With controversial laws being passed in states like Rhode Island and Georgia, both sides of the abortion debate seem to be gearing up for a national clash. Under most circumstances, I would recommend that more conversation is the best method to combat the inevitable whirlwind of belligerence. But, I can no longer in good conscience do the same when it comes to abortion. Continue reading “Abortion is the Worst Political Issue”
Missouri’s Republican state Senate passed a bill banning abortions at eight weeks of pregnancy. This includes cases of rape or incest, similar to the recently-passed Georgia abortion ban. The bill is not yet law, still requiring approval from the House and Governor. It is likely the bill will pass, as the House and Governorship are controlled by Republicans. This would make Missouri the eighth state to pass a comprehensive bill on abortion in the past few weeks.
Even before the historic Roe v. Wade ruling, abortion has been a topic of contention for ages. So, it is not a surprise that on May 8th this year, just a week ago, Alabama pivoted on a controversial abortion bill. Alabama and Georgia are both involved in implementing legislation that would ban or criminalize abortions state-wide. Alabama’s bill would have banned any abortion for any reason other than to protect the life of the mother. Georgia’s bill, which is in the process of appeal, would ban all abortions full stop. The social climates of these two states make clear that abortion must be approached seriously and objectively. Those who care at all about the laws governing them or anyone else must decide their position on this issue, clear of ideology or personal demagoguery.
A bloc of female democrats has introduced the Equal Access to Abortion Coverage in Health Insurance (EACH) Woman Act. Senators Tammy Duckworth and Patty Murray introduced the Senate’s version of the bill as well. The bills primary aim is to repeal the Hyde amendment.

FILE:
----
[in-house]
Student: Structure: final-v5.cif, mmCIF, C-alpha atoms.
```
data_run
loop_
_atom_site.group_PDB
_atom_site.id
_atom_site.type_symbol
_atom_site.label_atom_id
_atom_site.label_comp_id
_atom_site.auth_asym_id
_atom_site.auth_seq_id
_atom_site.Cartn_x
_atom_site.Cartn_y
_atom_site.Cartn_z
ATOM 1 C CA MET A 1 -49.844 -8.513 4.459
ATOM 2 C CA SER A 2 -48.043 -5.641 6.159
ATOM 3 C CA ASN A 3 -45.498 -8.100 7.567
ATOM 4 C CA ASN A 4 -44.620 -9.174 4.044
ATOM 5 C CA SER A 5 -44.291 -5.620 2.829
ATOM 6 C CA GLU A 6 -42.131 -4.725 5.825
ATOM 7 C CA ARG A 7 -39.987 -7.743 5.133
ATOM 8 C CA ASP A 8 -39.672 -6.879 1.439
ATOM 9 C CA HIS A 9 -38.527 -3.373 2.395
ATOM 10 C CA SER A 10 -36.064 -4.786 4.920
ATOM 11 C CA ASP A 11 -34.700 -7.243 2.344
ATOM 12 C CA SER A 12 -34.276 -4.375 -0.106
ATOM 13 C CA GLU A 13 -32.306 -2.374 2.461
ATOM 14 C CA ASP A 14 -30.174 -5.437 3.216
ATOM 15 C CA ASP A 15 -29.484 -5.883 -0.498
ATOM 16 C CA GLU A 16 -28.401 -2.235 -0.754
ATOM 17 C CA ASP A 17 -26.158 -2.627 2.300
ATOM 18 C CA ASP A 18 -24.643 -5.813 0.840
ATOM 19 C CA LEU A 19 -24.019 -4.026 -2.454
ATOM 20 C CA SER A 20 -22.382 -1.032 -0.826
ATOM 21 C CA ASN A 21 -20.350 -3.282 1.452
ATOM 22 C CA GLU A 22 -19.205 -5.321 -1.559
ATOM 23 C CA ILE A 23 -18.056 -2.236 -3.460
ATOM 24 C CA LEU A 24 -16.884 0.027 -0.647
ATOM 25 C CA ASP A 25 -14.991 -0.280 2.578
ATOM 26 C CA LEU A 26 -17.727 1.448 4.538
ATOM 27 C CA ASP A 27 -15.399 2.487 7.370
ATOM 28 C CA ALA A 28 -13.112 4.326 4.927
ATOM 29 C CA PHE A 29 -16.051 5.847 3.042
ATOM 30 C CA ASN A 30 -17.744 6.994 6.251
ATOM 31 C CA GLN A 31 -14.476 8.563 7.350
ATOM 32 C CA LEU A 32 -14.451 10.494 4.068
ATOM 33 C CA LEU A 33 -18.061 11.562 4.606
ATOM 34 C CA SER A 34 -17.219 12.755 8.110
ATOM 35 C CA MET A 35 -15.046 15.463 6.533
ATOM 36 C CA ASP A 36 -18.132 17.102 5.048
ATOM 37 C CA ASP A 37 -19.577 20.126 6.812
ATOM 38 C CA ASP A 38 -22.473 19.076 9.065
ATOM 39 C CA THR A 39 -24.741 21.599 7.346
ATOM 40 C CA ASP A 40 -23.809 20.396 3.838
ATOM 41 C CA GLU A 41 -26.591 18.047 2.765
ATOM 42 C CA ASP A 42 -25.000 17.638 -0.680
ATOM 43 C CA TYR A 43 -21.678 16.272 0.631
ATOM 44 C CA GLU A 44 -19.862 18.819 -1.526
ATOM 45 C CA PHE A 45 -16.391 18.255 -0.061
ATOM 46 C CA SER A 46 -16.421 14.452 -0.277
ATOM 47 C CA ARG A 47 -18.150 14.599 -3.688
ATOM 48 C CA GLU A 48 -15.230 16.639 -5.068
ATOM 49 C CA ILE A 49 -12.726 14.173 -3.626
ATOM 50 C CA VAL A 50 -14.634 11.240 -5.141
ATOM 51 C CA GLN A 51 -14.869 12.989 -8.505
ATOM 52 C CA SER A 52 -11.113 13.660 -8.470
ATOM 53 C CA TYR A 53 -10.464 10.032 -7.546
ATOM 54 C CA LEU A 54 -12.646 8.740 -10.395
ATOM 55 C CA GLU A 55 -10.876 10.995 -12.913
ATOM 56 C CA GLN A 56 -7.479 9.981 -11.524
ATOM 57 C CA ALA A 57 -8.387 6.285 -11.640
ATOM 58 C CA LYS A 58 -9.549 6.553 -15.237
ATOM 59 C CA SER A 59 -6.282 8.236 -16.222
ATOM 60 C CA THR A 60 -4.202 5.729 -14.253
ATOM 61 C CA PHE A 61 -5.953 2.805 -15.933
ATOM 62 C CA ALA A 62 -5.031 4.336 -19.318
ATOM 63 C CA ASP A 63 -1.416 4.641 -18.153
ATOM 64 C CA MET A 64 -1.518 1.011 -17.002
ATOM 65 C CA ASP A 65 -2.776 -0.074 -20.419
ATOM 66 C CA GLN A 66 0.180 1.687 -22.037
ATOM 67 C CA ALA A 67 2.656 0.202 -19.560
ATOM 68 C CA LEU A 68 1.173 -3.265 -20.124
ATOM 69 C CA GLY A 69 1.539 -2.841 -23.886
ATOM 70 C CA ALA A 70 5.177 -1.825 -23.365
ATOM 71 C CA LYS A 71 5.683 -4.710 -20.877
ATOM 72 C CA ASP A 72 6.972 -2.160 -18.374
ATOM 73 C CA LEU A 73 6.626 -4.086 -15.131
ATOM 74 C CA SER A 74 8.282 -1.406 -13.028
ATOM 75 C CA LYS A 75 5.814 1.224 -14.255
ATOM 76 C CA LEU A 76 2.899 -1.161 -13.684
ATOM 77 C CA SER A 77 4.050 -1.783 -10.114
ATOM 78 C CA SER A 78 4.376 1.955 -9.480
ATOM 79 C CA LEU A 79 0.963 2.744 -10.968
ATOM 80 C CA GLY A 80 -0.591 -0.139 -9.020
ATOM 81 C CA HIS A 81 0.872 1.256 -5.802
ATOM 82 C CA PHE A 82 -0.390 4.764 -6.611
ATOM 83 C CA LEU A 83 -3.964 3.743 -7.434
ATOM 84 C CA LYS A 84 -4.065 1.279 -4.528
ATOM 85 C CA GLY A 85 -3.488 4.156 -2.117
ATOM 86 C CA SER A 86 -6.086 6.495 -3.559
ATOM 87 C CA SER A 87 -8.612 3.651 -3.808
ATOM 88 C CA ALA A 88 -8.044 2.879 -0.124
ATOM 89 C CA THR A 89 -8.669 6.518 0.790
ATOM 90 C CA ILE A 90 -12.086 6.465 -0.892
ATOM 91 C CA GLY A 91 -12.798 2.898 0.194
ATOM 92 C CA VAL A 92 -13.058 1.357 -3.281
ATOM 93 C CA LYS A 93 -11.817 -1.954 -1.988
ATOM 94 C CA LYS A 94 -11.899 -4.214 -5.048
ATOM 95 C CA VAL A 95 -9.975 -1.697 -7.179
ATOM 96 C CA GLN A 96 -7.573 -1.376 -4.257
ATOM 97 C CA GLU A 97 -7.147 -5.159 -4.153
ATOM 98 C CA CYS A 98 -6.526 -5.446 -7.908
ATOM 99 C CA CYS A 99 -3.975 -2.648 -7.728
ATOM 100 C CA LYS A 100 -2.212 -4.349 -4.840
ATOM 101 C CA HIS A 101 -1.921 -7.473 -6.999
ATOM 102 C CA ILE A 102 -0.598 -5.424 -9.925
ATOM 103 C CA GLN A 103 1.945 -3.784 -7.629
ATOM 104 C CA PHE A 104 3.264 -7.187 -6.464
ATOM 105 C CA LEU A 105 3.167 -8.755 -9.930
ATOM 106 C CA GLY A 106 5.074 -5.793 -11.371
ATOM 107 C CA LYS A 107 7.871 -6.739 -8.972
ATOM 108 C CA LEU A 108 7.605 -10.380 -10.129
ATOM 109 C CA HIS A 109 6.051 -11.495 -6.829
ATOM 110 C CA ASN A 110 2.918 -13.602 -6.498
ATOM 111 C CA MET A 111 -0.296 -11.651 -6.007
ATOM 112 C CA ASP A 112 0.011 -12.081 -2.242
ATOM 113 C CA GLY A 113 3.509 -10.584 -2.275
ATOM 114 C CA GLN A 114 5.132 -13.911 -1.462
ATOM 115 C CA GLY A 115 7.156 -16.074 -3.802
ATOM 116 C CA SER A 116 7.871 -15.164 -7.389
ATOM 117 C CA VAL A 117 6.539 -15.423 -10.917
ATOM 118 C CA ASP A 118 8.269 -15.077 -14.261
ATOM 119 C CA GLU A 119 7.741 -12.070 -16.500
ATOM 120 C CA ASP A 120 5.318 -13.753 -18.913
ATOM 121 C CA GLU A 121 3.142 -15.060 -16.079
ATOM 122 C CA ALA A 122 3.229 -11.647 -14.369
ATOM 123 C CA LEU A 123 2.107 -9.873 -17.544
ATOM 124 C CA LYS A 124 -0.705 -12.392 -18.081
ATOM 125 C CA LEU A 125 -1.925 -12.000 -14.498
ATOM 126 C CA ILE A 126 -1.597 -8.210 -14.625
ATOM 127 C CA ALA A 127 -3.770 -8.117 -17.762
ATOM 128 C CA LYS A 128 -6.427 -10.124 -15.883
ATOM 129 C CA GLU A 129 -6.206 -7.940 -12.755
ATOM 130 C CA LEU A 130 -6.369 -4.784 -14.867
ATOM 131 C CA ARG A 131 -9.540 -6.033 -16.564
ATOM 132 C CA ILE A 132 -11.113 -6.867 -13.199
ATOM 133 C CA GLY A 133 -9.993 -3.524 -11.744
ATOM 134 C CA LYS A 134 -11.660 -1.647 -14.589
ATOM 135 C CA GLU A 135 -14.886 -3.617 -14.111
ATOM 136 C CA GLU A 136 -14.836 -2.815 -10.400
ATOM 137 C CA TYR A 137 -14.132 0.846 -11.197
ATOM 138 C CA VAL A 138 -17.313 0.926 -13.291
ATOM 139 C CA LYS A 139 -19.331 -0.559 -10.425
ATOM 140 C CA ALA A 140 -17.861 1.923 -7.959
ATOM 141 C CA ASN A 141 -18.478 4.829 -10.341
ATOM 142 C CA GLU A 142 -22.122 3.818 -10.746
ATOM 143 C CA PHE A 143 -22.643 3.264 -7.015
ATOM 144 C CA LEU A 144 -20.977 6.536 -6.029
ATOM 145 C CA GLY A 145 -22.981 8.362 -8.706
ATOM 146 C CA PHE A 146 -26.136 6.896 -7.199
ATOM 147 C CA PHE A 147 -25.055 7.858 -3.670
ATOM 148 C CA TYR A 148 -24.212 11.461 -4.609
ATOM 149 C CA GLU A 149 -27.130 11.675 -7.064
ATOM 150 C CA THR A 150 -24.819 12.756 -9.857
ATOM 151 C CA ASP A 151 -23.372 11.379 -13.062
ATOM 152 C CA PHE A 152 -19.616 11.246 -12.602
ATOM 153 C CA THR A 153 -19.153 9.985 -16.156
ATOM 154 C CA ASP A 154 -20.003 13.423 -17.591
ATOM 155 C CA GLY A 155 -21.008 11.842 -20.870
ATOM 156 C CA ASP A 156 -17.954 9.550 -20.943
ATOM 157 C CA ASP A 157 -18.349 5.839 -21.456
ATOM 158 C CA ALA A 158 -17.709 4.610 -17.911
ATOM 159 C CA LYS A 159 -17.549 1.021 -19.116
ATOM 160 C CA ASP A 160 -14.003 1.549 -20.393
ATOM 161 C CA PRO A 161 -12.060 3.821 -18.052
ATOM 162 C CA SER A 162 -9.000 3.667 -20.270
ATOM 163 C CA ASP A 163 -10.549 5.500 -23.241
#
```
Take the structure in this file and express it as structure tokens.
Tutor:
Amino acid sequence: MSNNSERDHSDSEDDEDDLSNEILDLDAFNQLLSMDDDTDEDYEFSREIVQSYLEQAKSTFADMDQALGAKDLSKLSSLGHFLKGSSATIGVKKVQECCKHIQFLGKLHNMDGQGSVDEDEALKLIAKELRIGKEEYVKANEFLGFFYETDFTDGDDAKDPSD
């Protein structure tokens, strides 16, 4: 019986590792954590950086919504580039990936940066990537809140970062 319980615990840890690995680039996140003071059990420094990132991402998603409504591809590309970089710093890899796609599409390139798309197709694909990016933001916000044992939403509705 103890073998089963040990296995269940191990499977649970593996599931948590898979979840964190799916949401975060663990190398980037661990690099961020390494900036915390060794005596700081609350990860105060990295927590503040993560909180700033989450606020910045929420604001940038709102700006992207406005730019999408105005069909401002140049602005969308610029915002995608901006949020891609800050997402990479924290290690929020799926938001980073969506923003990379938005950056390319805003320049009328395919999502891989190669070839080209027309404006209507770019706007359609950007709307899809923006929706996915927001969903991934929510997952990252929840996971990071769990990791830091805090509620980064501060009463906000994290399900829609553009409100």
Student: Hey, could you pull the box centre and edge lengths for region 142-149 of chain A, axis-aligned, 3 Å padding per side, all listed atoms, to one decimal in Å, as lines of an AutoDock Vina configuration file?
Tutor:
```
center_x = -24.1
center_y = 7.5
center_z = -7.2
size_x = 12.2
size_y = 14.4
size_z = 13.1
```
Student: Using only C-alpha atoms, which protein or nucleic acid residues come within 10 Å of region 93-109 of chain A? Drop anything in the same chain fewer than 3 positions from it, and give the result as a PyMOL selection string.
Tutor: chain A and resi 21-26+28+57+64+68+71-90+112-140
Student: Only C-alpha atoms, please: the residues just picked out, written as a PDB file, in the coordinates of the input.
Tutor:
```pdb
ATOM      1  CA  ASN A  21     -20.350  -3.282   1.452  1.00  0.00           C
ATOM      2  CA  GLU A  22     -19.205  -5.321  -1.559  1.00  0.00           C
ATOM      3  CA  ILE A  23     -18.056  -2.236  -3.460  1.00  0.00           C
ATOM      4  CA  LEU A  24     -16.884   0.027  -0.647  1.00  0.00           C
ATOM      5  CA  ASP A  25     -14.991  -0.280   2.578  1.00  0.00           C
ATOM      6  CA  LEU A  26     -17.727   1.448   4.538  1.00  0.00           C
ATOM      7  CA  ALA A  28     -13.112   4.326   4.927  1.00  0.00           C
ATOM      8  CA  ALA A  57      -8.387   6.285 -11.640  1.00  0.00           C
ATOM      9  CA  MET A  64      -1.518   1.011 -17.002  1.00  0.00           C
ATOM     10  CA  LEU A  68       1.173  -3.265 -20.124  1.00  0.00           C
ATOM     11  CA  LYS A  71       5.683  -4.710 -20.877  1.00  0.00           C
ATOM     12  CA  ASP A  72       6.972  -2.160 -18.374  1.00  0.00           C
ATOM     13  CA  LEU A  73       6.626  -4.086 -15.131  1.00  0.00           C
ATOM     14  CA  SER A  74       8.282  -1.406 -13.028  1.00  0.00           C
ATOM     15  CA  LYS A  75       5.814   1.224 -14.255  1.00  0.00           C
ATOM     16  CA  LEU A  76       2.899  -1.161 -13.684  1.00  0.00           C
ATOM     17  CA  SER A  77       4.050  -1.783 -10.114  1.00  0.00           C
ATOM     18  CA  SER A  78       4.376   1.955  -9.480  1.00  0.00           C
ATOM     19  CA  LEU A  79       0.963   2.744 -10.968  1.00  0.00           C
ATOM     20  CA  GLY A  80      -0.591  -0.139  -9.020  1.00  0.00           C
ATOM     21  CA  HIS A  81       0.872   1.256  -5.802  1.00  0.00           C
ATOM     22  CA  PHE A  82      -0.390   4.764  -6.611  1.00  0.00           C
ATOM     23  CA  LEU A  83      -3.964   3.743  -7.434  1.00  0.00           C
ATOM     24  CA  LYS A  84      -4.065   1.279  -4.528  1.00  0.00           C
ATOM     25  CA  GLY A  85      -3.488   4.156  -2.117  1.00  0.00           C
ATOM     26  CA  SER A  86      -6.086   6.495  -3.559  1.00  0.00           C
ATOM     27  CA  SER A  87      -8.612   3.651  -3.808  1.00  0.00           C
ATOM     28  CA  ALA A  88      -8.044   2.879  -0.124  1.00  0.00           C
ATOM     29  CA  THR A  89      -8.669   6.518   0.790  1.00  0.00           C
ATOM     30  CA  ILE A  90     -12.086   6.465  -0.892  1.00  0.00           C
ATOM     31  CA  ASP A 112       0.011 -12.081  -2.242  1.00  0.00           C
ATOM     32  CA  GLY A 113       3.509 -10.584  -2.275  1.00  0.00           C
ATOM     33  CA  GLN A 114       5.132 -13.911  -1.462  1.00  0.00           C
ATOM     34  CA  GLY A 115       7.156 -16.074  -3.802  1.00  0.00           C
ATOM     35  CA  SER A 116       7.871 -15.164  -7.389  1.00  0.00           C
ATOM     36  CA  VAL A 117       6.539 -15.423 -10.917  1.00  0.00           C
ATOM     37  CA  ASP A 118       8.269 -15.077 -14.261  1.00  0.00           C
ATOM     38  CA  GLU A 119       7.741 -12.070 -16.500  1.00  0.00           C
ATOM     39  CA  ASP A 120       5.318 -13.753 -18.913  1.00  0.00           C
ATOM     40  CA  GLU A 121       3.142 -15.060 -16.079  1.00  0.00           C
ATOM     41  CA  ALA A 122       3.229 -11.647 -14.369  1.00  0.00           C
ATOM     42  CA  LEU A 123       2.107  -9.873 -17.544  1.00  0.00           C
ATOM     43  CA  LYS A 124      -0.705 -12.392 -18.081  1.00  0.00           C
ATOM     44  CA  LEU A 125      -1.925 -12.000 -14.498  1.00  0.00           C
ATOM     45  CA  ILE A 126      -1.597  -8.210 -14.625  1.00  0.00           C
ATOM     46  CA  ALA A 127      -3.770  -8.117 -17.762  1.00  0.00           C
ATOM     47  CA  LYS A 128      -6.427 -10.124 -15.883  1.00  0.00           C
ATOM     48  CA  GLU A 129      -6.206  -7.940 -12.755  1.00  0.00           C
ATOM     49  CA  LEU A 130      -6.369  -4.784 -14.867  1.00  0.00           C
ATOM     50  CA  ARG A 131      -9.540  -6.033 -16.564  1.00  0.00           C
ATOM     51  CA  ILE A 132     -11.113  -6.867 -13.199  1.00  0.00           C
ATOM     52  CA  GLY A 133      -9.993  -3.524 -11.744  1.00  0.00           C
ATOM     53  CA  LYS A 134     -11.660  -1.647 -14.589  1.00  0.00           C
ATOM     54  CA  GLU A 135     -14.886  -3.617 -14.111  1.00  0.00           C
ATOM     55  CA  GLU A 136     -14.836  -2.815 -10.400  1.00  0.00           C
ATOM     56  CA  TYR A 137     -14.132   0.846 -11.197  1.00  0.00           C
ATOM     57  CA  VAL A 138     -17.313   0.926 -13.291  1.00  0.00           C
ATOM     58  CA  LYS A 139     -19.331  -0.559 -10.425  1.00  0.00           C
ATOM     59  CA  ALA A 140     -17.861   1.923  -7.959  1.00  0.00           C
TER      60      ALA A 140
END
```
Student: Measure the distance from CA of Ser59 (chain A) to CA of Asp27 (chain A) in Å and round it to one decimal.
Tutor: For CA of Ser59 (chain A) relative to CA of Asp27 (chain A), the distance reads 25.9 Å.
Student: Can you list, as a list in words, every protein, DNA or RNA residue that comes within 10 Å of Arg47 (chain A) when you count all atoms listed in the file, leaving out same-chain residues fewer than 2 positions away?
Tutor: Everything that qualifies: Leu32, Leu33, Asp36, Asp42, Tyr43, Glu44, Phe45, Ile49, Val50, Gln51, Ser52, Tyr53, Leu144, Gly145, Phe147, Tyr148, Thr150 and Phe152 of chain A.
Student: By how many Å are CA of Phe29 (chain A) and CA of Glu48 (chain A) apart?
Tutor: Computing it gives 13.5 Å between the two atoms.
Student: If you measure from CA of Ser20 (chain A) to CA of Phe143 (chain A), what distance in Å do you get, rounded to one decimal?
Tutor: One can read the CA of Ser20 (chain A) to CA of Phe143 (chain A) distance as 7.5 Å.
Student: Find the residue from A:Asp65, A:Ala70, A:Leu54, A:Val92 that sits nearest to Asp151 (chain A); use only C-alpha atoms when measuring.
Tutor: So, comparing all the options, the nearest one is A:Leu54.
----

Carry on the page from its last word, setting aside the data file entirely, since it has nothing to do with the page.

What Does This Bill Entail?
This bill was originally introduced in 2017 under the same name but has now been reintroduced. The bill suggested that “No woman should have the decision to have, or not to have, an abortion made for her based on her ability or inability to afford the procedure.” and calls for the federal government to “ensure coverage for abortion care.” Furthermore, it said that state and local governments could not restrict abortion coverage. This is a clear violation of the Tenth Amendment which states “The powers not delegated to the United States by the Constitution, nor prohibited by it to the States, are reserved to the States respectively, or to the people”.
The Hyde Amendment
The EACH Woman Act also aims to repeal the Hyde Amendment. This law prevents the use of federal funds for abortion, with the exception of cases where the mother’s life is in danger. However, with the largest provider of abortion services Planned Parenthood receiving 500 million in federal funding each year, there have been questions as to how well this law has been followed.
But this new bill proposed by the Democrats would clear the air. If EACH passes, pro-lifers will have to pay for the abortions they oppose to greatly. Repealing the Hyde Amendment was part of the Democrat Party’s 2016 platform.
In 2017 the Republican-controlled Senate attempted to pass a bill that would make the Hyde Amendment permanent, as stated by former Speaker of the House Paul Ryan. However, the bill died in the Senate.
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This week the Senate failed to pass Ben Sasse’s (R-NE) bill which prohibited infanticide and mandated that babies born after a botched abortion receive proper medical care. When this happened, I found myself in a weird position. Though I disagree with the reasoning the Democrats had to vote no, and I am extremely pro-life, I would have voted no too. This is because although I believe it is a great moral issue that must be solved, it is not a federal issue. It is a state issue, and we would be wise to remember that just because it is morally good, does not mean it should that all levels of government should do it.